primitive element



(This article is about primitive elements in coalgebra theory, not about primitive elements for finite field extensions.)


Working over a commutative ring RR, recall that a unital or coaugmented coalgebra is an RR-coalgebra (C,Δ:CC RC,ϵ:CR)(C, \Delta: C \to C \otimes_R C, \epsilon: C \to R) equipped with a coalgebra map u:RCu: R \to C. Abusing notation, denote u(1)Cu(1) \in C by 11.

Primitive element in a coalgebra

An element xx in a coalgebra CC is primitive if Δ(x)=1x+x1\Delta(x) = 1\otimes x + x\otimes 1. This condition implies ϵ(x)=0\epsilon(x) = 0.

This notion generalizes straightforwardly to unital corings over RR.

Primitive element in a comodule

Let NN be a comodule over CC, with co-action map Ψ:NC RN\Psi \colon N \longrightarrow C \otimes_R N. Then an element nNn \in N is called a primitive element or coinvariant if Ψ(n)=1n\Psi(n) = 1 \otimes n.

The RR-module prim(N)prim(N) of primitive elements of NN is naturally to

  1. the module of comodule homomorphisms out of RR into NN

    prim(N)Hom C(R,N). prim(N) \simeq Hom_{C}(R,N) \,.
  2. the cotensor product of NN with AA

    prim(N)A RN. prim(N) \simeq A \Box_R N \,.


Primitives in a Hopf algebra

A straightforward calculation shows that the module of primitive elements in a Hopf algebra HH (or even in a bialgebra HH) is a Lie subalgebra of the underlying Lie algebra of HH (whose bracket is the algebra commutator). Thus, taking primitive elements yields a functor

P:HopfAlgLieAlgP: HopfAlg \to LieAlg

(and of course we have more generally a functor P:BiAlgLieAlgP: BiAlg \to LieAlg which is an extension along the full inclusion HopfAlgBiAlgHopfAlg \to BiAlg).

For a Lie algebra LL, let U(L)U(L) be its universal enveloping algebra:

U(L)=T(L)/IU(L) = T(L)/I

where II is the two-sided ideal generated by elements of the form xyyx[x,y]x y - y x - [x, y] where x,yLx, y \in L. This carries a bialgebra structure whose comultiplication δ:U(L)U(L)U(L)\delta: U(L) \to U(L) \otimes U(L) is uniquely determined by the rule δ(x)=1x+x1\delta(x) = 1 \otimes x + x \otimes 1 for xLx \in L. Since this says xLx \in L is primitive, the counit ϵ:U(L)R\epsilon: U(L) \to R is forced to be the algebra map such ϵ(x)=0\epsilon(x) = 0 for all xLx \in L, and also the Hopf antipode is uniquely determined: σ(x)=x\sigma(x) = -x for xLx \in L.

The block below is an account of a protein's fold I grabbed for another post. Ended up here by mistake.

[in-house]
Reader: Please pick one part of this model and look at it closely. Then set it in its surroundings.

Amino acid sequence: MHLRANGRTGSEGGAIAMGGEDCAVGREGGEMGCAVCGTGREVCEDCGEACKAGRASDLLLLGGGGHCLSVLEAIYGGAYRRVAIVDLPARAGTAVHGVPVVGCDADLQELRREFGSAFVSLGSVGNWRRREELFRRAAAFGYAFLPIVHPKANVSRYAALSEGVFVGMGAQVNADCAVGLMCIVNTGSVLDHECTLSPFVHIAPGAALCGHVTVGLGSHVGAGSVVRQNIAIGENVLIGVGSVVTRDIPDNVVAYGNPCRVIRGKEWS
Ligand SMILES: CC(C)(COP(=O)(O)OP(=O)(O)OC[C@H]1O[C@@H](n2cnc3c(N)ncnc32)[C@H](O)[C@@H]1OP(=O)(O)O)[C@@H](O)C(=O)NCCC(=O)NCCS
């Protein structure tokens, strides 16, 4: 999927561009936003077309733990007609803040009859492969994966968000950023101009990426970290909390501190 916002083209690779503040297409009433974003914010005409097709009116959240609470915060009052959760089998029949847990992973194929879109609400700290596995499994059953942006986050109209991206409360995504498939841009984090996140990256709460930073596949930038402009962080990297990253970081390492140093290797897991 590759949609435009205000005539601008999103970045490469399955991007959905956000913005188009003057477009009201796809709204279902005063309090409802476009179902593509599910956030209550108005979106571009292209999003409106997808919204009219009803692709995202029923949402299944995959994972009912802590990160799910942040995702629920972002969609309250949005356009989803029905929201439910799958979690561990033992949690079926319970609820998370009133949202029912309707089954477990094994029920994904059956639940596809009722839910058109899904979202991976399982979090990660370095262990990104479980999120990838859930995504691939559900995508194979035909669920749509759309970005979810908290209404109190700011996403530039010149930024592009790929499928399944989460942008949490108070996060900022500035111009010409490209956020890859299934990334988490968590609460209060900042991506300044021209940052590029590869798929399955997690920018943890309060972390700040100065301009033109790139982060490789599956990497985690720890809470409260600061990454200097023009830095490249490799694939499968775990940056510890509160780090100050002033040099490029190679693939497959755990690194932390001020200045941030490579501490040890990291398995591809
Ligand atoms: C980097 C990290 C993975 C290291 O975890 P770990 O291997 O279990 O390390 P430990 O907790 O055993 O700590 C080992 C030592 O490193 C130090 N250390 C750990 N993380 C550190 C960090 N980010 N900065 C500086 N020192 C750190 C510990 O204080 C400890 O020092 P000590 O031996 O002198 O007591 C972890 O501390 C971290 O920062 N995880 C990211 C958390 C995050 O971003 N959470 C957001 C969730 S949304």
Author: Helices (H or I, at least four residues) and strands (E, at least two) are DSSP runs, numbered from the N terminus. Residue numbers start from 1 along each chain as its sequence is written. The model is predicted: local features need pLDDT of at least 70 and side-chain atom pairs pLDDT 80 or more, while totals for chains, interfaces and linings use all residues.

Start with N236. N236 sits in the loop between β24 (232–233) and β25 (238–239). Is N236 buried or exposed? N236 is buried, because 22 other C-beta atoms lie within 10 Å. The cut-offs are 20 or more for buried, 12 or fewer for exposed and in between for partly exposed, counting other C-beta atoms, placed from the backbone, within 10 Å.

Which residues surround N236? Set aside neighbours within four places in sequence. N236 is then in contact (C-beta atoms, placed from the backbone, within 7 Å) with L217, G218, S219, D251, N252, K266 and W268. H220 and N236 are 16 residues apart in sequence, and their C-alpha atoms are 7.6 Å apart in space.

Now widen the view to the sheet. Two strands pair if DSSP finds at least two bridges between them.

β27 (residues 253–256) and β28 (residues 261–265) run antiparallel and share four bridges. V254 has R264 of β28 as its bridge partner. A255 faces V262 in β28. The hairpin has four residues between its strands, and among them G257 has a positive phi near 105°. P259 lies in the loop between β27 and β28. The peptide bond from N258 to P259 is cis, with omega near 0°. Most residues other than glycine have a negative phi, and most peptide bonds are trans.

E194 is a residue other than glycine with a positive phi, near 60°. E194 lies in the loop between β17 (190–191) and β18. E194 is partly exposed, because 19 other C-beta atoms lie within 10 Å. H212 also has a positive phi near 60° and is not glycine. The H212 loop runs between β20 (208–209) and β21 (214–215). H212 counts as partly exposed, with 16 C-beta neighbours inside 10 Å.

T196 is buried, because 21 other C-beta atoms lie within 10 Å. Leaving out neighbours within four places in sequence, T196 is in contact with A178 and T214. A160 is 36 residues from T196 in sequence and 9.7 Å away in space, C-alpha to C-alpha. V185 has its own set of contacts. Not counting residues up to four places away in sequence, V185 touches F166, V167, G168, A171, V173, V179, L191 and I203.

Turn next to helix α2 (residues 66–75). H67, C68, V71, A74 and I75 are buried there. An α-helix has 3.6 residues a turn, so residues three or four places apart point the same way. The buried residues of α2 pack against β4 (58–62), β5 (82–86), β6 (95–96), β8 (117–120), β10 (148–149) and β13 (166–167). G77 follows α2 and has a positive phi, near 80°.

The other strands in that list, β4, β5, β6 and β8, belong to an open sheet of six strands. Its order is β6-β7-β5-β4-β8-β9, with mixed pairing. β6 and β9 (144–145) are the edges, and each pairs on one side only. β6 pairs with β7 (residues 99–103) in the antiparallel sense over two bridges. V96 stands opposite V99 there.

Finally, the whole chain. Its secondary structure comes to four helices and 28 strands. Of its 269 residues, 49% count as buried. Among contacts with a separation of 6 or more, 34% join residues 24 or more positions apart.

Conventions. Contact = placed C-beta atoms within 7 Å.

The following proposition is entirely straightfoward:


The functor U:LieAlgBiAlgU: LieAlg \to BiAlg is left adjoint to the functor P:BiAlgLieAlgP: BiAlg \to LieAlg.

This result is essentially tautologous and holds for any commutative ring of arbitrary characteristic. (This despite the fact that the U(L)U(L) as defined above is not as well-behaved in nonzero characteristic as one might like; e.g. the PBW theorem fails.) More information on this adjunction may require more restrictive hypotheses:


For R=kR = k a field of characteristic zero, the unit LPU(L)L \to P U(L) is an isomorphism.

An immediate consequence is that for such ground fields kk, the functor U:LieAlgBiAlgU: LieAlg \to BiAlg is fully faithful. Of course, UU lands in the full subcategory of cocommutative Hopf algebras, which is exactly the category of group objects in the cartesian monoidal category of cocommutative coalgebras.

The Milnor-Moore theorem gives further information: for Hopf algebras over a field of characteristic zero, the counit UP(H)HU P(H) \to H is a monomorphism, and an isomorphism in case HH satisfies a suitable conilpotency condition.

(More needs to be added.)

Last revised on May 17, 2016 at 06:19:47. See the history of this page for a list of all contributions to it.